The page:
It's interesting to see how useful plain old ISDN still is. I write about hockey online, and end up listening to a lot of NHL radio shows & podcasts which feature guests calling in from all over North America. Our local TV announcer (Pete Weber of the Nashville Predators) has an ISDN line to his home specifically for this purpose, and as a listener you can really tell the difference when Pete's doing a radio segment as opposed to other guests who may be calling from a typical landline or (ugh) a cell phone. It sounds like Weber is right in the studio alongside the hosts.
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This reads much like articles we've seen for several years, just with Twitter substituted for email/blog/message board post.
No, it is completely logical if the utility that you gain by enjoying the use of the item exceeds the utility you would have gotten from the money gained by auctioning it to the highest bidder.
The league has belatedly added a captcha to the voting page to confound the Greasemonkey crowd, but this episode begs a question: since the NHL boasts that its avid fans are exceedingly techno-savvy, isn't this exactly the sort of competition they'd like to see? For example, alliances could be formed between cities in opposite conferences to get each other's players into the honored slots.
Last year, a similar (albeit more grassroots) drive nearly led to journeyman Rory Fitzpatrick getting named to the Western Conference squad."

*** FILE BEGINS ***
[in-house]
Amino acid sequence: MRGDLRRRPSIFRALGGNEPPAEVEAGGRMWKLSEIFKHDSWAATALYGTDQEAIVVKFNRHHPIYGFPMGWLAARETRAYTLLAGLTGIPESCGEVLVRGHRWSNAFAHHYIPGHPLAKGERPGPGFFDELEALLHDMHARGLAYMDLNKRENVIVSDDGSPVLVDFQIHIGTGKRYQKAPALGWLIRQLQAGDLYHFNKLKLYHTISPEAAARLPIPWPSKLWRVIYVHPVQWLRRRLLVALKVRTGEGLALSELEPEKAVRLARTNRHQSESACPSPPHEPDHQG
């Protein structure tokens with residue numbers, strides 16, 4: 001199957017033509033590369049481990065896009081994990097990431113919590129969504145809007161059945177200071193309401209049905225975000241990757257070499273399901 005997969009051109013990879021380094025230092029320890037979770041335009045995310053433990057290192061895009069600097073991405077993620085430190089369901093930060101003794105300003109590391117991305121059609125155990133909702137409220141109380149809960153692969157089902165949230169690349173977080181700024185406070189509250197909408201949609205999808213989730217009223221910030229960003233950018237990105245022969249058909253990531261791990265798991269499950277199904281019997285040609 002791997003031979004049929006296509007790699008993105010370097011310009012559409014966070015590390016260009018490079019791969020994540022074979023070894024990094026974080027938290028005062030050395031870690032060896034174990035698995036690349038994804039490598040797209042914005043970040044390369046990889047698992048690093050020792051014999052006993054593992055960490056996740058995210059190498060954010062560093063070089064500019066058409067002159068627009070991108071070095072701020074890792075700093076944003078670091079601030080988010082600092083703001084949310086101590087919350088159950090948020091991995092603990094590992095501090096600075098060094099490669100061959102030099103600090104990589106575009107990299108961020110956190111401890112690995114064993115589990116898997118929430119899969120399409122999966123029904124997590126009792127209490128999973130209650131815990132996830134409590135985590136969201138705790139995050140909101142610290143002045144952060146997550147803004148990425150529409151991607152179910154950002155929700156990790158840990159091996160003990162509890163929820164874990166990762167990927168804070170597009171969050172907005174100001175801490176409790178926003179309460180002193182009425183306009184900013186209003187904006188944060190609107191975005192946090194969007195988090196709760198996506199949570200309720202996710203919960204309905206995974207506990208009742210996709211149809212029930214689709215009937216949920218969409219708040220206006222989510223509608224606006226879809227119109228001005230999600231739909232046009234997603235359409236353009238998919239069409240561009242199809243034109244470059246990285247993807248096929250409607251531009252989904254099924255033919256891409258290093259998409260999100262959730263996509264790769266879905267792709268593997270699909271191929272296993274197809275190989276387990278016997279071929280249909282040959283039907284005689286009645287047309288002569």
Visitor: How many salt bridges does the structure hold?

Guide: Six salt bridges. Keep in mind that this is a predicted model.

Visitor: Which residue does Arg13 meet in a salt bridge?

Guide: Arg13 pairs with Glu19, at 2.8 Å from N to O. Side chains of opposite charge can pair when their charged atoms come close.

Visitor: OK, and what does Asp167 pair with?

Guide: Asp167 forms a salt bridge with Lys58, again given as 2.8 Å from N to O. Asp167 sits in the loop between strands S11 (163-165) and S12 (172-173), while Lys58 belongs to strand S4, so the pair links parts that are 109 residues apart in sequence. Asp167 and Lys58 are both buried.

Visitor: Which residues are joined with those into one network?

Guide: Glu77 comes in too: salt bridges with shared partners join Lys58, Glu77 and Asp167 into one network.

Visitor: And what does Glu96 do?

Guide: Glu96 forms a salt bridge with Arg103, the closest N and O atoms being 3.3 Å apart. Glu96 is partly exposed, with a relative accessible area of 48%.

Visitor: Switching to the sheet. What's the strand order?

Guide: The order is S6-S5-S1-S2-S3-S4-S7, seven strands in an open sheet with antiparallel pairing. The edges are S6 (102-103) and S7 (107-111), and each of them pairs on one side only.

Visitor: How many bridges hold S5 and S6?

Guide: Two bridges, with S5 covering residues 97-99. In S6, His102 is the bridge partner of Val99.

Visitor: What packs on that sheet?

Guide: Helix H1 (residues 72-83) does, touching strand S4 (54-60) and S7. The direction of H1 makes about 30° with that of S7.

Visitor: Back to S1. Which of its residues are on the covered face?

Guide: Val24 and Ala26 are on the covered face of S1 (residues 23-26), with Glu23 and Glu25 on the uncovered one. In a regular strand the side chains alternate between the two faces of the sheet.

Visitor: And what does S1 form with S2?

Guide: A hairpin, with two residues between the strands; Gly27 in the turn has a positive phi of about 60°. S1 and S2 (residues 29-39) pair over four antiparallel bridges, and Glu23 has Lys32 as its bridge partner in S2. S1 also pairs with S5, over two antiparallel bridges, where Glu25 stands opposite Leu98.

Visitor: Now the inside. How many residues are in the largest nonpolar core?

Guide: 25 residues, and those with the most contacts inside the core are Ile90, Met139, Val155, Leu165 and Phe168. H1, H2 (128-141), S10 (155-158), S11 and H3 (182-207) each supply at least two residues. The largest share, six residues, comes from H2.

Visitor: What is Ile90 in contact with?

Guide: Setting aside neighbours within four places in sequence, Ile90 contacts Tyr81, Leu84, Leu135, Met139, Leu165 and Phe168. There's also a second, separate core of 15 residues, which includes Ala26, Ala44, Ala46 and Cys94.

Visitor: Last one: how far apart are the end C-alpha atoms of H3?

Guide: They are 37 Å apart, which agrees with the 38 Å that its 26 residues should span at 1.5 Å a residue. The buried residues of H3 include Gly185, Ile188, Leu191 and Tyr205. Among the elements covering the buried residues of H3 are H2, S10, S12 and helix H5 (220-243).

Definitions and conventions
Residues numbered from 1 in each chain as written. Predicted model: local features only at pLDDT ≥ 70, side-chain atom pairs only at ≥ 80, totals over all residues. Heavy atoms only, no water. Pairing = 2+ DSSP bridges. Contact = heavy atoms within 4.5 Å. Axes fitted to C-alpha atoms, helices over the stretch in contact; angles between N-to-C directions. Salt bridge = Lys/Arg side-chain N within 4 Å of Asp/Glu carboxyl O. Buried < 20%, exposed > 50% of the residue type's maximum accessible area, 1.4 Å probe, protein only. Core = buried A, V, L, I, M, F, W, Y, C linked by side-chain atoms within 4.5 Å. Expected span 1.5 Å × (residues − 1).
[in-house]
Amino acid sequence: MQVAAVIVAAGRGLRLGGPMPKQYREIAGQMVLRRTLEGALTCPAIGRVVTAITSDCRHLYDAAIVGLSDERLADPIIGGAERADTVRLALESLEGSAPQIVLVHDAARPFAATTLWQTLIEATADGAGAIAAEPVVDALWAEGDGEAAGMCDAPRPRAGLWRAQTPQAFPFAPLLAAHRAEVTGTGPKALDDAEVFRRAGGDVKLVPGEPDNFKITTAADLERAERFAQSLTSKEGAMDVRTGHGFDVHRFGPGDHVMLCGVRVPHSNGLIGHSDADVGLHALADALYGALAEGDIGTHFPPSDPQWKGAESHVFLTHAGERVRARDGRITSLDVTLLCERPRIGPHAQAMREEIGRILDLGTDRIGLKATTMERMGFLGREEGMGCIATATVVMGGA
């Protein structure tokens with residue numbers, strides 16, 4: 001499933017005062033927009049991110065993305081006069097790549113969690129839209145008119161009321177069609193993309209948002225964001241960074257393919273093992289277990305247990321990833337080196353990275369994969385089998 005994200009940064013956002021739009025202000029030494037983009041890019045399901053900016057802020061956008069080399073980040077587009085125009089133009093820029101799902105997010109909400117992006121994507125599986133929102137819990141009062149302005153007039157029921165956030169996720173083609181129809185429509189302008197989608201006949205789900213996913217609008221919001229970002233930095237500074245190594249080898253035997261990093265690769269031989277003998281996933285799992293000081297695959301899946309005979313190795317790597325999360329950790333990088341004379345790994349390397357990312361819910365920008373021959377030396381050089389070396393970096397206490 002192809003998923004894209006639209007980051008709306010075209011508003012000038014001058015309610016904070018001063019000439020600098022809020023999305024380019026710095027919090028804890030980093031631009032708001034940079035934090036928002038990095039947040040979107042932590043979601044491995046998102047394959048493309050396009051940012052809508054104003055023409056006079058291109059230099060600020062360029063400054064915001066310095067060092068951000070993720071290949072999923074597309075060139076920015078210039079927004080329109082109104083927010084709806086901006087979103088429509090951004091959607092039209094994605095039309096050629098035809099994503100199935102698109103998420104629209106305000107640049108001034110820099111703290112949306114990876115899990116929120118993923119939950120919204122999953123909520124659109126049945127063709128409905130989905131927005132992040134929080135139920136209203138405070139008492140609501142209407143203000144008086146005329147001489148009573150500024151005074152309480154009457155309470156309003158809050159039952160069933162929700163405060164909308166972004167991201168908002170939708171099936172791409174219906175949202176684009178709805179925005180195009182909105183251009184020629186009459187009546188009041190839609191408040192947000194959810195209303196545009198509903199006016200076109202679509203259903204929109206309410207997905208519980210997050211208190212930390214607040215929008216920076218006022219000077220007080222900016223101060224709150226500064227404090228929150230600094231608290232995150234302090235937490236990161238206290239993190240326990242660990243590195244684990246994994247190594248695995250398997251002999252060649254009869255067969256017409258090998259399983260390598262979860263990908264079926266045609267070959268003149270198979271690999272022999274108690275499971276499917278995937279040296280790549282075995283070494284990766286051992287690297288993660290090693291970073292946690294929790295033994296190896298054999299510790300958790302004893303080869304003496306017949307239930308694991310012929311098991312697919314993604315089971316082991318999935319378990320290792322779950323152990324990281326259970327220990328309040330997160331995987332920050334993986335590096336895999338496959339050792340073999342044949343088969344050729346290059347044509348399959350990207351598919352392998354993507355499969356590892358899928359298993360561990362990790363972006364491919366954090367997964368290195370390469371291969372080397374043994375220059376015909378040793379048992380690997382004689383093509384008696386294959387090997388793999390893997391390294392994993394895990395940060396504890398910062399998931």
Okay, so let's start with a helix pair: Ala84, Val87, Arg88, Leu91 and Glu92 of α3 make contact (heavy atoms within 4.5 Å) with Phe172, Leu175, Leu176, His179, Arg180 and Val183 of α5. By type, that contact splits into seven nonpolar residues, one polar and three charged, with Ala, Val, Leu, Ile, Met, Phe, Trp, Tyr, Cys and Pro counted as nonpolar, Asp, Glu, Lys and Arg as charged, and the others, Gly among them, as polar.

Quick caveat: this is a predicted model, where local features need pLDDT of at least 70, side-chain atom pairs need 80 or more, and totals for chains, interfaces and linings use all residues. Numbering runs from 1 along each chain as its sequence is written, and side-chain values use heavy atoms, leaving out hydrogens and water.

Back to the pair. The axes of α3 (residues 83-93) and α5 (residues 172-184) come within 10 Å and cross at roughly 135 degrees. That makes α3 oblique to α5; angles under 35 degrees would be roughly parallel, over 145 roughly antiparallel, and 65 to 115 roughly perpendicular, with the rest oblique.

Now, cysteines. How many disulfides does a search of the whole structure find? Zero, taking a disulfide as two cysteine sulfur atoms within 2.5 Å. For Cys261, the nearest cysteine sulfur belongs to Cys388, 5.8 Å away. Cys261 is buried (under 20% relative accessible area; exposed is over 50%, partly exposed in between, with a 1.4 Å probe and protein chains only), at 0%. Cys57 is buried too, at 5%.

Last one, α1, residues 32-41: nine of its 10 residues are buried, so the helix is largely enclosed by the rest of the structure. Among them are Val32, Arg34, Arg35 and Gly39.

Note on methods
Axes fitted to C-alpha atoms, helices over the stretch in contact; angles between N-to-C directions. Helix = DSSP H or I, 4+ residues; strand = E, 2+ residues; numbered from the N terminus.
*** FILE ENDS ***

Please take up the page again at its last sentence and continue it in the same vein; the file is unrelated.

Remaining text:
With Montreal hosting the 2009 NHL All-Star Game, Canadiens fans are obviously excited to vote online to get their players into the starting lineup for the Eastern Conference. The league found, however, that after barely a day of voting, the "Flying Frenchmen" were in position for all six starting spots, with
One step that some companies are taking is to migrate their COBOL apps from a mainframe down to an iSeries (AS400), which provides rock-solid stability and scalability at a much lower cost. It's not a trivial effort, but poses far less risk than migrating to an entirely new app developed in "modern" languages.
A major annoyance to such firms are the software vendors who are forcing them away from COBOL (or RPG) applications to newer versions built around Java, for example. While there are some obvious benefits, the risks involved in replacing mission-critical systems and the likely obsoleting of IT employees familiar with the legacy app just don't make it worthwhile.
OK, here's the scoop; I may, through my own stupidity, have fried the motherboard in my desktop PC at home, and am facing the prospect of getting a new one, and I'd like to get some input on which direction I should take, since it's been almost 5 years since I last did this.
At the risk of starting a classic flame war, I have a pressing request for assistance.
I've recently been tasked with leading the integration effort for a large systems implementation here at work, and am facing a challenge more daunting than any mere technical obstacle; how does one best get hardcore old-school programmers to embrace a new way of integrating our applications?
Now it appears that Google is also a contender to acquire this web advertisement placement firm.
If Google indeed does buys out DoubleClick, does that mean more chair-throwing? Whatever happened to "Do No Evil"?"